As mentioned earlier, the demise of the original band was due in part to the decision to replace some of the members with old friends Larry Leishman and Duke Edwards. Since December 1968, Rhinoceros had been living in Graymanse, a former summer estate of a marine welding executive in Lake Mahopac, New York, and Edwards and Leishman both remember a degree of friction when they moved in (Alan Gerber was still residing in the house and Billy Mundi was a close neighbour. The decision to bring in their old friends however, was understandable given that the group had lost a lot of its early momentum.
Edwards, whose role would be as drummer and to help with the songwriting now that Alan Gerber had moved on, appears to have played a major role in revitalising the band. Leishman's playing meanwhile was familiar to the other former Checkmates and brought much needed stability. Both had been active since The Checkmates had gone their separate ways.
After David Clayton-Thomas & The Phoenix broke up, Leishman had returned to Toronto, where he briefly gigged with several local groups, including Bobby Kris & The Imperials and Freedom Fair (subsequently known as The Power Project). The latter incidentally also included ex-Mandala and future Crowbar keyboard player Josef Chirowski, and one of the band's most memorable dates was opening for James Brown in Toronto in mid-1968. Towards the end of the year however, Leishman hooked up with Duke Edwards in his new band The Cycle.
Edwards is a real character with a history to match. Following a stint in the US army, Edwards spent three years studying at the Boston Conservatory of Music. When he graduated in 1961, he joined the Chitlin circuit, which took him to Montréal, and while there met jazz musician Sun Ra, with whom he played for two years.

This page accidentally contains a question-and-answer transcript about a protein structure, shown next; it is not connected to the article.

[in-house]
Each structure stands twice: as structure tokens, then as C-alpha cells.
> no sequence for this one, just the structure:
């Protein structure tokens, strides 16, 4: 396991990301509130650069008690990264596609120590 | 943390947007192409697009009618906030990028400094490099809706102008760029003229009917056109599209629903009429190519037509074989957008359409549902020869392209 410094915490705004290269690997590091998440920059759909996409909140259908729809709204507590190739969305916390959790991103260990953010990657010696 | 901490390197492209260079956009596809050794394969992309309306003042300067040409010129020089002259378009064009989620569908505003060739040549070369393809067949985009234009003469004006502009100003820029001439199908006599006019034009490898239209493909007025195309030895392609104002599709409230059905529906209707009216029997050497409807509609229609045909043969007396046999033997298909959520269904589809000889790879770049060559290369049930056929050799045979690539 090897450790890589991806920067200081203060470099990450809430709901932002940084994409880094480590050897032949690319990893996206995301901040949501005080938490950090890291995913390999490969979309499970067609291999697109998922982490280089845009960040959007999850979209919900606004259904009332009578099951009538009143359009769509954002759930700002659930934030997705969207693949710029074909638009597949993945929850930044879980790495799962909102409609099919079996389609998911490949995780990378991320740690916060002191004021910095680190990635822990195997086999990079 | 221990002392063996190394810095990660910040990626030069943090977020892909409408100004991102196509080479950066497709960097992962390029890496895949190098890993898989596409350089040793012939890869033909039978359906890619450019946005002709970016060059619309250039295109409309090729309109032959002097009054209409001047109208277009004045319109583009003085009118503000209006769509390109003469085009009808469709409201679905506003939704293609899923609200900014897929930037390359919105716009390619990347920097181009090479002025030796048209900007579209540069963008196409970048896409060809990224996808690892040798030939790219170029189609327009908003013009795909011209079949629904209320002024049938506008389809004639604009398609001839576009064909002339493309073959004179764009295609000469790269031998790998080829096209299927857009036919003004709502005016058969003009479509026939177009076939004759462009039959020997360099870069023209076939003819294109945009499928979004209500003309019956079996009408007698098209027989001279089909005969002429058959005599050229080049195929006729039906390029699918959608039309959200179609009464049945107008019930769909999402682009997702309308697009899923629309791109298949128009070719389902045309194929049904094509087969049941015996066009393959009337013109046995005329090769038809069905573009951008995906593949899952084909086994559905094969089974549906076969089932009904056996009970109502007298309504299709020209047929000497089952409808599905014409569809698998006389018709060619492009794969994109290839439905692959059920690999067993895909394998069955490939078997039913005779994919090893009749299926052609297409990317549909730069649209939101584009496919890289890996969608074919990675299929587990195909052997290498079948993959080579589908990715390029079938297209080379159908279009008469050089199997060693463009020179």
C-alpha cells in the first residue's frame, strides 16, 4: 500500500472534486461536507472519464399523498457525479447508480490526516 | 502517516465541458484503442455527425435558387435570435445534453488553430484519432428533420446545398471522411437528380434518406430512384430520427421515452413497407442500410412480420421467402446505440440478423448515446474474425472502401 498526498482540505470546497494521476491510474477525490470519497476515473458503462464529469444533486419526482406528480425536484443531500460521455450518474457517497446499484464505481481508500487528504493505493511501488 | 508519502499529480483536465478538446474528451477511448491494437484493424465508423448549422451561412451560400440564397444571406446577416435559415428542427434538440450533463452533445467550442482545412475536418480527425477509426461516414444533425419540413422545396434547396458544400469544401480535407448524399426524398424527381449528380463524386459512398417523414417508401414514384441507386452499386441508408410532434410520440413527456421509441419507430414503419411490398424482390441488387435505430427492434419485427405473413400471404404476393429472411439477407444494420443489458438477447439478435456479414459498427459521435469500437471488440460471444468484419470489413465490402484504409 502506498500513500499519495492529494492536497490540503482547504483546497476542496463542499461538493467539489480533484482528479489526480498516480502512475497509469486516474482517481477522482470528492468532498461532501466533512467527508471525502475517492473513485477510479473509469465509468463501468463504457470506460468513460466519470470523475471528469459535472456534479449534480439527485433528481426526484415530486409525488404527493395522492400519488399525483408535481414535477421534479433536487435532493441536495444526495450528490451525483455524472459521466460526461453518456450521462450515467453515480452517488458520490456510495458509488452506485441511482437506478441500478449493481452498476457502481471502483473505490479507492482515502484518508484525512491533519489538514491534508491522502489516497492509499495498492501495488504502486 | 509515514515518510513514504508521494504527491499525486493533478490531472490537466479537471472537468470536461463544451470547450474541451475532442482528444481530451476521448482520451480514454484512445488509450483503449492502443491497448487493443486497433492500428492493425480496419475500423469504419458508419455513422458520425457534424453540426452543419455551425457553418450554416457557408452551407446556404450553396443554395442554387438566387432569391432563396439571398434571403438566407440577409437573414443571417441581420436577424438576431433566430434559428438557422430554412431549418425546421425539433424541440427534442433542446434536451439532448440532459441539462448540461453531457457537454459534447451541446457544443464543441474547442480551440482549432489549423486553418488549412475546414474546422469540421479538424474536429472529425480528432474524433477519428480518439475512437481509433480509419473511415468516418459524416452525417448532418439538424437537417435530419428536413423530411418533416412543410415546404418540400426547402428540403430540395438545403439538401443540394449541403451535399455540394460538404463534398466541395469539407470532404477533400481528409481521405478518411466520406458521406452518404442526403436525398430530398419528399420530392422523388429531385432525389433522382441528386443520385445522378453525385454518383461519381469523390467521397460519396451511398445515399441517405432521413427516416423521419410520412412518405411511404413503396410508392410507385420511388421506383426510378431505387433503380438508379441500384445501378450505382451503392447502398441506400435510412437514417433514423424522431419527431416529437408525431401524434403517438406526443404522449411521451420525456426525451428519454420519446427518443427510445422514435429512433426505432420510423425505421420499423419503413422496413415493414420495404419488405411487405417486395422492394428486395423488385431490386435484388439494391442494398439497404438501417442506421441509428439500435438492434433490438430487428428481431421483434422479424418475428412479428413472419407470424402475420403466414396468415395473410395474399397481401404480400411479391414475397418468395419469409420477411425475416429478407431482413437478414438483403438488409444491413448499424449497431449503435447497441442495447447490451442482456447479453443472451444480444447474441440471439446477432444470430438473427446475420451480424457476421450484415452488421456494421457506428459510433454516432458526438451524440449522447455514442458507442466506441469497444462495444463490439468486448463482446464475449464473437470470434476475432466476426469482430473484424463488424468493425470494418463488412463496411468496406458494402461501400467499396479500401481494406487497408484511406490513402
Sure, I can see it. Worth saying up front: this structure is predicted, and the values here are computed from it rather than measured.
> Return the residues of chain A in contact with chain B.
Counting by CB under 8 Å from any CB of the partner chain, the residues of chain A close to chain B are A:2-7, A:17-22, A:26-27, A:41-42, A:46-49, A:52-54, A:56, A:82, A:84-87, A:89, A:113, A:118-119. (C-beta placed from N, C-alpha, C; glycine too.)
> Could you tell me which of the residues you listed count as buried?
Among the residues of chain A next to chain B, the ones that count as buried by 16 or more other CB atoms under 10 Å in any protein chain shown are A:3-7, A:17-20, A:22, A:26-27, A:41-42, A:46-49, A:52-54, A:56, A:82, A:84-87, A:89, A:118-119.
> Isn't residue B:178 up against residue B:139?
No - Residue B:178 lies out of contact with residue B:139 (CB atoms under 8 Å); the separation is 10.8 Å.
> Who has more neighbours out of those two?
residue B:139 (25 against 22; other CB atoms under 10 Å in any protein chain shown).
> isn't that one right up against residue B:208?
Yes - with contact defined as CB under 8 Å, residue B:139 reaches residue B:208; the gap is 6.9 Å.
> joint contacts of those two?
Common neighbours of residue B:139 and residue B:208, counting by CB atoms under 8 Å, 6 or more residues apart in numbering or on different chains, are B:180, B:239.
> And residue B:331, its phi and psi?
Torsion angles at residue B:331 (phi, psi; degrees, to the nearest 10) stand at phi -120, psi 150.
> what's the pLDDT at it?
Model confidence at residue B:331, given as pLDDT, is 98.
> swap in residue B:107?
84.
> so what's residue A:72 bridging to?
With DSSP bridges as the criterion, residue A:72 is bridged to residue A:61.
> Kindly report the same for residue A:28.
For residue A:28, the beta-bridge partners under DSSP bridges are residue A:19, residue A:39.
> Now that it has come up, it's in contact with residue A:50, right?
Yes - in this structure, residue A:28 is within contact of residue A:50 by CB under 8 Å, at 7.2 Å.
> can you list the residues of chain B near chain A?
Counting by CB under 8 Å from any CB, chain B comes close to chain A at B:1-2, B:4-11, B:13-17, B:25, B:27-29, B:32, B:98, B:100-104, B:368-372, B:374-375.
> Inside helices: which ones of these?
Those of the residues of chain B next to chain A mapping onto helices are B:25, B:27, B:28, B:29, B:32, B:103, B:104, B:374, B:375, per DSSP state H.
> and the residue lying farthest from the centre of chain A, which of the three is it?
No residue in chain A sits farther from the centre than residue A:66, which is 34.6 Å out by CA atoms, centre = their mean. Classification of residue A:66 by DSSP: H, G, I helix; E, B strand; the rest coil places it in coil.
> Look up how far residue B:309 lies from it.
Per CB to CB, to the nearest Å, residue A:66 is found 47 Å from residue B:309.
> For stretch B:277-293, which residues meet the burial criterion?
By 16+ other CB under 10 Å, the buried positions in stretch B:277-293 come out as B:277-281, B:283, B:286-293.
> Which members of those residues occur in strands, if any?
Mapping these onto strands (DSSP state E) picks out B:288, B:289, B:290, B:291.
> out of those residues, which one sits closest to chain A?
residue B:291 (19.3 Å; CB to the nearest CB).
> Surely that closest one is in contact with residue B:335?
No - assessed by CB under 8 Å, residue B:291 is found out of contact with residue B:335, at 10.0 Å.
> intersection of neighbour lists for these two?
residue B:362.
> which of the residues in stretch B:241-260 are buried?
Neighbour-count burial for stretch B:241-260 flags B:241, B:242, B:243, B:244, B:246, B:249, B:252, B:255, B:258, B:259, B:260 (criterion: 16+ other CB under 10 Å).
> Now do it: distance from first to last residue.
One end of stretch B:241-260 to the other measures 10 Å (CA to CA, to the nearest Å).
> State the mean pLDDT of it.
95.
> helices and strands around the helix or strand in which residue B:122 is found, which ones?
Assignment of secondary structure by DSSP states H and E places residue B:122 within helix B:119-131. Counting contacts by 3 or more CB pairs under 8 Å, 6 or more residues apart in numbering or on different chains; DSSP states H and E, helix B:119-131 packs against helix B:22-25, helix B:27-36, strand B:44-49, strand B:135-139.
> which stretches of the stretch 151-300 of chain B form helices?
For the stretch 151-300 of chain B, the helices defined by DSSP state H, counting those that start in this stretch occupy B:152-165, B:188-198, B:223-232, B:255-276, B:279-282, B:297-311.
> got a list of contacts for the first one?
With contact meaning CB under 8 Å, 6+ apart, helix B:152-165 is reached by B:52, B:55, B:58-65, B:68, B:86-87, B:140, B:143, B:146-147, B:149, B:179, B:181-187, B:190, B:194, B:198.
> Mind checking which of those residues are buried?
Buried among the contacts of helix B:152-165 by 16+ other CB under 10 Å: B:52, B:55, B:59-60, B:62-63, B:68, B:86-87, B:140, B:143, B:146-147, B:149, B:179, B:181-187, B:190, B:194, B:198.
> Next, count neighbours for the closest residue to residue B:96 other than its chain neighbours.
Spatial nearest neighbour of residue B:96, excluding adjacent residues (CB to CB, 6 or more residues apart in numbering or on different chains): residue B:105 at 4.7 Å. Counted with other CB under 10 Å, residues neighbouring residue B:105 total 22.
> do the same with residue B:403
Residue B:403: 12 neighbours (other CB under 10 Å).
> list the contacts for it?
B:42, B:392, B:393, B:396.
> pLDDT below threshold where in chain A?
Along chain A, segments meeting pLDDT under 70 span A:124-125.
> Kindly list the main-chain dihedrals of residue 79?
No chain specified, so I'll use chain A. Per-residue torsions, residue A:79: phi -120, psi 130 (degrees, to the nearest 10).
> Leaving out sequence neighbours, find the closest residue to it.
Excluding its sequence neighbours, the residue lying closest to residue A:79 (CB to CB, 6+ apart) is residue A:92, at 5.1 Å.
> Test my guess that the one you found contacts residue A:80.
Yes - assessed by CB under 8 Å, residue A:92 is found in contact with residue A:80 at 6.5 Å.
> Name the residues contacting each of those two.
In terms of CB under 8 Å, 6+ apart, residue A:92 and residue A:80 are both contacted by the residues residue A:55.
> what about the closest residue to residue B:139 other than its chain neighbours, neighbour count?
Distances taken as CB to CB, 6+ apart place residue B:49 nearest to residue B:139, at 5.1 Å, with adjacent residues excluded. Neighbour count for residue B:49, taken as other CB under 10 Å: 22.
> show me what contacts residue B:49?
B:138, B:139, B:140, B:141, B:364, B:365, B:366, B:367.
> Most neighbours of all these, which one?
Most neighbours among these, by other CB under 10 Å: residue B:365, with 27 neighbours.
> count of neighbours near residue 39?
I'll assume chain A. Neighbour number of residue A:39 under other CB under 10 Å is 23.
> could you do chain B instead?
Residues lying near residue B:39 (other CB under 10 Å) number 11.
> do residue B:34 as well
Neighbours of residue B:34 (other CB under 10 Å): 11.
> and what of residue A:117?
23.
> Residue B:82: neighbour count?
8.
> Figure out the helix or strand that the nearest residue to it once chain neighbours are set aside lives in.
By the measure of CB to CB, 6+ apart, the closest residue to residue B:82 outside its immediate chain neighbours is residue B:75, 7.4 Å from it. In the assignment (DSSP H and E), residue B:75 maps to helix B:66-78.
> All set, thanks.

A short while later, Edwards met booking agent, the late Ron Scribner and together they formed the music agency, 'Music Canada', with Scribner responsible for the bookings and Edwards running the road shows. Scribner introduced Edwards to Jon and Lee and The Checkmates, and together they spent the next four years honing the group's act and organising TV work and concert dates in Ontario and the northeastern states of the US. Edwards also produced some recordings in a studio on Queen Street in Toronto, which led to some TV appearances in Buffalo and New York. Later, he was credited for the b-side of The Checkmates' lone single, the instrumental, 'Pork Chops' which, incidentally, was provisionally titled 'Fuck Up'.
In mid-1967, Edwards left The Checkmates and returned to Montréal to work as the musical director for the World Fair. (Scribner, who reportedly had encouraged Paul Rothchild to come to Toronto to check out The Checkmates back in November 1965, continued to promote local talent, but through his efforts should be given some credit for the birth of Rhinoceros.)